Going on a cruise doesn’t mean you have to spend a shipload of money. If you’re a skilled and clever DIY Cruise Planner, you can get more for your money by using these secrets saving money on a cruise.
If you book a cabin with prepaid tips, it’s possible to disembark the cruise and not spent any additional money over the base fare.
Check several cruise lines for similar ships, itineraries, and duration.
Use 3rd party websites like Cruise Time Tables, Vacations To Go or Costco Travel to compare different cruise lines and itineraries. You don’t necessarily have to book with them, but they may give you more perks than booking directly with the cruise line.
If your objective is to spend a few days at the beach, don’t be too picky about the cruise line. Pick the best fare value you can find.
Note: Don’t get a drink or alcohol package just because the cruise line puts it on sale. You have to drink a 5-8 alcoholic drinks per day to make it worth your money. You can also buy alcoholic and non-alcoholic drinks in port for a fraction of the cost.
Look for promotions
All cruise lines have rotating promotional sales and some even have offers such as:
- Onboard credit
- Kids sail free
- 2nd guest half off
- Prepaid tips
- Drink package
- Internet package
Some of these features may be included in the promotional fare. Check several cruise lines and compare rates.
Several lines have no-cost addons, like OBC (on board credit), drink packages, internet, pre-paid tips and more that already are included at no extra cost. Norwegian and Celebrity commonly have free addons like drinks or tips included in the base fare.
If you go with Carnival or Royal Caribbean, price the drink package or tips and compare to other lines where they’re included to get an actual cost comparison.
Here are some examples of cruise sales & promotions:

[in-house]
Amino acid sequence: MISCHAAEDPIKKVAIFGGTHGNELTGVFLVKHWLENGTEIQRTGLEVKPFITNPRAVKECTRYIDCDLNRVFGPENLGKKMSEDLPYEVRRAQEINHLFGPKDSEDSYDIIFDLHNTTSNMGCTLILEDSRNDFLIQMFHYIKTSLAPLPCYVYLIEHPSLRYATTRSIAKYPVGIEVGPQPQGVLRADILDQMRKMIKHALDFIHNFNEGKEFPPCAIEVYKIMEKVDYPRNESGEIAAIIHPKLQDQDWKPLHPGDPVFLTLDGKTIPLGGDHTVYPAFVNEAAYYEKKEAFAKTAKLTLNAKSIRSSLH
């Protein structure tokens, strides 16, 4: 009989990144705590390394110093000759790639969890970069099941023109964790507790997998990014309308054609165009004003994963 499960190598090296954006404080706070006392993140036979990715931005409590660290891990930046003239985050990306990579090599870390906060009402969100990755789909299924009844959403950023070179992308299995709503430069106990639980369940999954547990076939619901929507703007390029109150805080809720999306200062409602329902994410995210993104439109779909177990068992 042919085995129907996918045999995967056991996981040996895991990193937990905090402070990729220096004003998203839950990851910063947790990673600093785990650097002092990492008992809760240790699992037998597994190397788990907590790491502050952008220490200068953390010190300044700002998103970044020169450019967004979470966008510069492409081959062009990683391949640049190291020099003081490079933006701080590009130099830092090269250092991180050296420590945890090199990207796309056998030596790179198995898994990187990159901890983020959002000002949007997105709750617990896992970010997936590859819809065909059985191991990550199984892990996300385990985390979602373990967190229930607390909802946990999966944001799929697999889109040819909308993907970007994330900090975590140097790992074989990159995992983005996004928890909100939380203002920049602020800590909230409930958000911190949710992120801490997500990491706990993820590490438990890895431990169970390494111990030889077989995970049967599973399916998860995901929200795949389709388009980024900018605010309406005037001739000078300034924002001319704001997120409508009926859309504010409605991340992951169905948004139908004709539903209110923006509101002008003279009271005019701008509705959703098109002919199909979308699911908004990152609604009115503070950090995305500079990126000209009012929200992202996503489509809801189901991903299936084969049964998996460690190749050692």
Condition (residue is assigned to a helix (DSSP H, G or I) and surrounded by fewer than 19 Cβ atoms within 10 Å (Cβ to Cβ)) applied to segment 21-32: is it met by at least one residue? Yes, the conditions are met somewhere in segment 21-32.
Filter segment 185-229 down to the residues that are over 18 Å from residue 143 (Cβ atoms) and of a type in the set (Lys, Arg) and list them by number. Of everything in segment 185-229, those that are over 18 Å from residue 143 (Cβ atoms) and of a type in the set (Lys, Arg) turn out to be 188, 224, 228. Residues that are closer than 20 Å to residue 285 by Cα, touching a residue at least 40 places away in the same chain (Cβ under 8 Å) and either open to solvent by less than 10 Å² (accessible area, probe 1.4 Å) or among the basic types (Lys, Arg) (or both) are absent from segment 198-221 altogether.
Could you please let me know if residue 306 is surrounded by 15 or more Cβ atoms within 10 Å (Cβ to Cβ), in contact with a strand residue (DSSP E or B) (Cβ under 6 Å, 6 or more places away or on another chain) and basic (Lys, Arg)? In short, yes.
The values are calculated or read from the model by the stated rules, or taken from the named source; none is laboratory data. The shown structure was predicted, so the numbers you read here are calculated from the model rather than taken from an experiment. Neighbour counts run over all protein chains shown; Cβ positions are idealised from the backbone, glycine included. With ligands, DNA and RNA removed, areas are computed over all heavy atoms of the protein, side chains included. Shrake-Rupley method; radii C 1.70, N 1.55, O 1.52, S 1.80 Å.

Note: These offers may no longer be available.
Some cabins also come with perks and promotions.
The Boardwalk balcony rooms on Royal Caribbean Oasis, Allure, Harmony and Symphony currently come with non-alcoholic drink packages, rock climbing lessons, and a meal at Johnny Rockets, a specialty restaurant.
On the same ships, the Central Park rooms come with dinner at Jamie’s Italian, Sabor or Johnny Rockets, bottle of red wine, and casino gaming lessons.
Book an inside cabin
Inside rooms are often the best value because they include everything that the cruise line offers with the fare, like food and entertainment, without paying a premium for a view you can get just by going up to the top decks. Most of the time all you do in your cabin is sleep and shower.
There are heaps of places around a cruise ship where you can get spectacular views, and find a quiet place to read, work on a craft or play cards with a friend.
There are many activities to participate in on board. You’ll get a printed cruise planner guide each night for all the happenings the next day, and where they’ll take place. You will also get a port shopping guide with a useful map (even if you have no interest in the shopping).
When you book an inside cabin, it can leave you with significantly more money available to do things like upscale dining experiences or excursions.
Guaranteed stateroom rate
Guaranteed rooms are one of the most overlooked strategies to get more value for your money on a cruise. You select the class of room you want–interior, oceanview, balcony, etc–and you are shown the lowest price for that class.
The catch is: you don’t get to pick your room. You’re guaranteed a room of that class OR BETTER! Your cabin will be assigned about a week before the cruise.
Select “contact me if upgrade is available” and they’ll contact you close to your cruise date and offer an upgrade. Some upgrades are free, but some require a small fee, like $25 or $100.
If you get upgraded to a suite, enjoy! It comes with a lot of extra perks the other classes don’t offer.
Guaranteed cabins have the highest chance of getting a visit from the upgrade fairy. If you get a free upgrade, congrats! You are very lucky.
Cruise while kids are in school
Often, the most expensive times to cruise are the months when school is out, such as June, July, Winter break (Christmas), Spring break (mid-March).
Booking a cruise for late August through early December (except for thanksgiving week) can often yield great deals on fares.
January and February can also offer lucrative deals, but this is also a time when snowbirds crave warm weather, so you may find some fares a bit higher. It’s also known as “wave” season–an uptick in demand.
If you want to cruise Alaska, June and July are peak months, so consider May or August for lower fares.
Canada/New England cruises are more expensive the closer you get to peak foliage season. That’s usually the first week of October.
Europe peak months are also June and July, so you may find the best deals for early spring or early fall, like April and September. Also consider a transatlantic cruise that visits several European ports before reaching its final destination.